FORT HOOD, Tex. - A military judge rejected defense claims yesterday that Spc. Charles A. Graner Jr., portrayed as a ringleader in the Abu Ghraib prison scandal, cannot get a fair trial because of remarks by President Bush and other military leaders deploring the photographed abuses.
The judge, Col. James L. Pohl, also refused to let Graner call Lt. Gen. Ricardo Sanchez, former commander of all U.S. forces in Iraq, as a witness at his trial. Any testimony from Sanchez about efforts to toughen interrogation efforts, Pohl ruled, would be too far removed from "what happened on the ground" at the prison.
Graner's lawyer, Guy Womack, of Houston, was said after yesterday's pre-trial hearing that Graner, a 36-year-old former Pennsylvania prison guard, still would prove at trial that he followed orders at the chaotic, war-zone prison and was not guilty of mistreating or assaulting Iraqi detainees.
"It may appear over the line sitting here, but it may not have appeared over the line if you were at Abu Ghraib prison during that time," Womack said.
Asked whether Graner had regrets about the abuses that touched off an international uproar, Womack replied: "Everyone who has served in combat has regrets. ... That doesn't mean you didn't do your duty."
Graner, who appears prominently in several of the widely circulated abuse photographs, is one of seven members of the 372nd Military Police Company from Western Maryland to be charged in the scandal. One photo shows Graner giving the thumbs-up as he stands near a pile of naked and hooded prisoners. In another, he is posed next to the corpse of a detainee who died during a CIA interrogation session.
He appeared relaxed at yesterday's hearing, dressed in desert camouflage fatigues and without the distinctive mustache or eyeglasses that marked him in the abuse photographs. He greeted reporters camped outside in a steady rain with a joke. Asked what it was like to be back in the United States, Graner shot back with a slight smile: "Today, it's wet."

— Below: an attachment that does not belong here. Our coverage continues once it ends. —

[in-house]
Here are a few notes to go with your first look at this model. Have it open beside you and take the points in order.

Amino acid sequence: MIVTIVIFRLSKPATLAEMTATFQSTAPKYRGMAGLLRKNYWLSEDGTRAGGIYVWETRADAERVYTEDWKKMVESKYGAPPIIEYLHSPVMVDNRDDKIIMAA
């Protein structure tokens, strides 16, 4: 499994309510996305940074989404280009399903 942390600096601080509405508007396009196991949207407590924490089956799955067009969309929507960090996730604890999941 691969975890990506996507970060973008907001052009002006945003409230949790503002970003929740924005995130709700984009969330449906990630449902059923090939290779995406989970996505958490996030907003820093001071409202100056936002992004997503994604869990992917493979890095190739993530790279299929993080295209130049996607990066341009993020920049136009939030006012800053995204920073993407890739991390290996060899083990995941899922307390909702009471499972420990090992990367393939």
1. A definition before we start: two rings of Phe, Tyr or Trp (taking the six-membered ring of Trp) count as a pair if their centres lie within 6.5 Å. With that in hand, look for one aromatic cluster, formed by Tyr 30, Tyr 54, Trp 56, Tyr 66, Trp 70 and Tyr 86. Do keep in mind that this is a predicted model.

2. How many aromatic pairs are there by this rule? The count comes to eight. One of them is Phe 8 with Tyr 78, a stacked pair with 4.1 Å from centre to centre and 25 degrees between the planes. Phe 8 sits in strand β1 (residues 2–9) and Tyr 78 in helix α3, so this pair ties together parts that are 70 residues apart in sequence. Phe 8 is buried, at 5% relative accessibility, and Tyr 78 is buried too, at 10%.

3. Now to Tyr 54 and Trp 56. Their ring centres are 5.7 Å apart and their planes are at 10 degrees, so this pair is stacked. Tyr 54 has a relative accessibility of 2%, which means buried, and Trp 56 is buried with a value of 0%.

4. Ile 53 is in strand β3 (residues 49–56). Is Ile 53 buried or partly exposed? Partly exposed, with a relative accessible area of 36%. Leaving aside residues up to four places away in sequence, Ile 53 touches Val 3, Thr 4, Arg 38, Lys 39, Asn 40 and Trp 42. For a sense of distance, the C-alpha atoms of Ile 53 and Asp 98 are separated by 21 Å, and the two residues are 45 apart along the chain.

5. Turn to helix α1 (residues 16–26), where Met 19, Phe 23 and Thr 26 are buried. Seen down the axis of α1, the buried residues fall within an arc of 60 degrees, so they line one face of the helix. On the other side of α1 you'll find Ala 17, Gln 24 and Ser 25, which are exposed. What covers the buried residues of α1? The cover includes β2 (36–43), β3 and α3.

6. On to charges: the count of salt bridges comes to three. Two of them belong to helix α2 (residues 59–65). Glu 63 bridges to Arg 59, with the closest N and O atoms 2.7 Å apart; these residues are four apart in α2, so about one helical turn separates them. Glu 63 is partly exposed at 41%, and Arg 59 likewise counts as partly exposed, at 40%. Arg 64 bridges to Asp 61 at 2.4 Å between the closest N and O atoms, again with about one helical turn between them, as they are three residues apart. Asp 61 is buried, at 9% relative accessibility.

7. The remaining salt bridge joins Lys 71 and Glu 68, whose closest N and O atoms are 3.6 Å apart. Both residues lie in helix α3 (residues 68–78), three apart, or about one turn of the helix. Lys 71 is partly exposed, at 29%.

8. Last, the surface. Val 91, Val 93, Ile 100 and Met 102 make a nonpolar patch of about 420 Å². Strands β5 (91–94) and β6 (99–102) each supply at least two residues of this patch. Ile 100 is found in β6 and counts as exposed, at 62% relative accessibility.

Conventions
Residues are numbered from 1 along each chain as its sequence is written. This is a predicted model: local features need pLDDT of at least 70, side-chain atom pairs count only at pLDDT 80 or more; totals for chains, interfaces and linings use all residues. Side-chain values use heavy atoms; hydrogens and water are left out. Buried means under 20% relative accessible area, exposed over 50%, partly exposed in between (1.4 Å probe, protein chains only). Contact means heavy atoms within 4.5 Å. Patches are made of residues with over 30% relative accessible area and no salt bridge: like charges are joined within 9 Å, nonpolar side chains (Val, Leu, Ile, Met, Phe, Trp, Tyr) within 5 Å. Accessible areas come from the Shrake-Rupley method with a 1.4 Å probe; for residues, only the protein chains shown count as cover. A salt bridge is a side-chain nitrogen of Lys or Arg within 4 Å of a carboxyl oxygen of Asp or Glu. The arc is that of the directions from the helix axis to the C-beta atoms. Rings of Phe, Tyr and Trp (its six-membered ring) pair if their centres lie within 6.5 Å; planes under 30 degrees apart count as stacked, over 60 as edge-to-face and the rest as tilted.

Graner is expected to be transferred to the National Naval Medical Center in Bethesda until his trial, scheduled for Jan. 7. Womack said the move to Maryland would allow Graner to be treated for some minor, recurring war injuries and would allow him to be closer to relatives in Pennsylvania over the holidays.
Two other soldiers from the 372nd, Sgt. Javal S. Davis and Spc. Sabrina D. Harman, also are scheduled to stand trial here early next year.
A court-martial for Graner's wartime girlfriend, Pfc. Lynndie R. England, is expected to be held in late January at Fort Bragg, N.C. She gave birth to the couple's child this year.
Three other members of the unit have pleaded guilty. The most senior of the soldiers, Staff Sgt. Ivan L. "Chip" Frederick, was sentenced to eight years and is expected to testify at the trials of his fellow reservists.
Together, Frederick and Graner have been portrayed as the instigators of the photographed abuses that occurred during the prison's night shift late last fall. Both men are several years older than the other accused soldiers and each had worked as a corrections officer in civilian life.
But the two have maintained that rough treatment of detainees at the notorious prison was condoned or directed by intelligence operatives and higher-ranking officers. So far, only one low-ranking military intelligence soldier has been charged in the Abu Ghraib scandal, although military prosecutors have said charges against other intelligence soldiers could follow.
Womack tried yesterday to get the case against Graner thrown out on the grounds that comments about the scandal by Bush, Defense Secretary Donald H. Rumsfeld and others amounted to "unlawful command influence" over potential jurors in the case.
Amid an international outcry this spring, Bush apologized for the abuse of Iraqi prisoners, saying, "The wrongdoers will be brought to justice." Rumsfeld called the soldiers' actions "un-American."
But Pohl noted that U.S. officials never described the accused soldiers as "guilty" and were careful in most instances to note that the reservists were presumed innocent. In an unusual exchange with Womack, Pohl underwent his own round of questioning and bluntly rejected any suggestion that he could have been influenced by the official statements or media reports about the scandal.
"Given all the knowledge you have about this case, do you feel that you would be influenced to rule one way or another?" Womack asked at one point.
"I do what I think is appropriate in the court, and other people do what they do," Pohl said.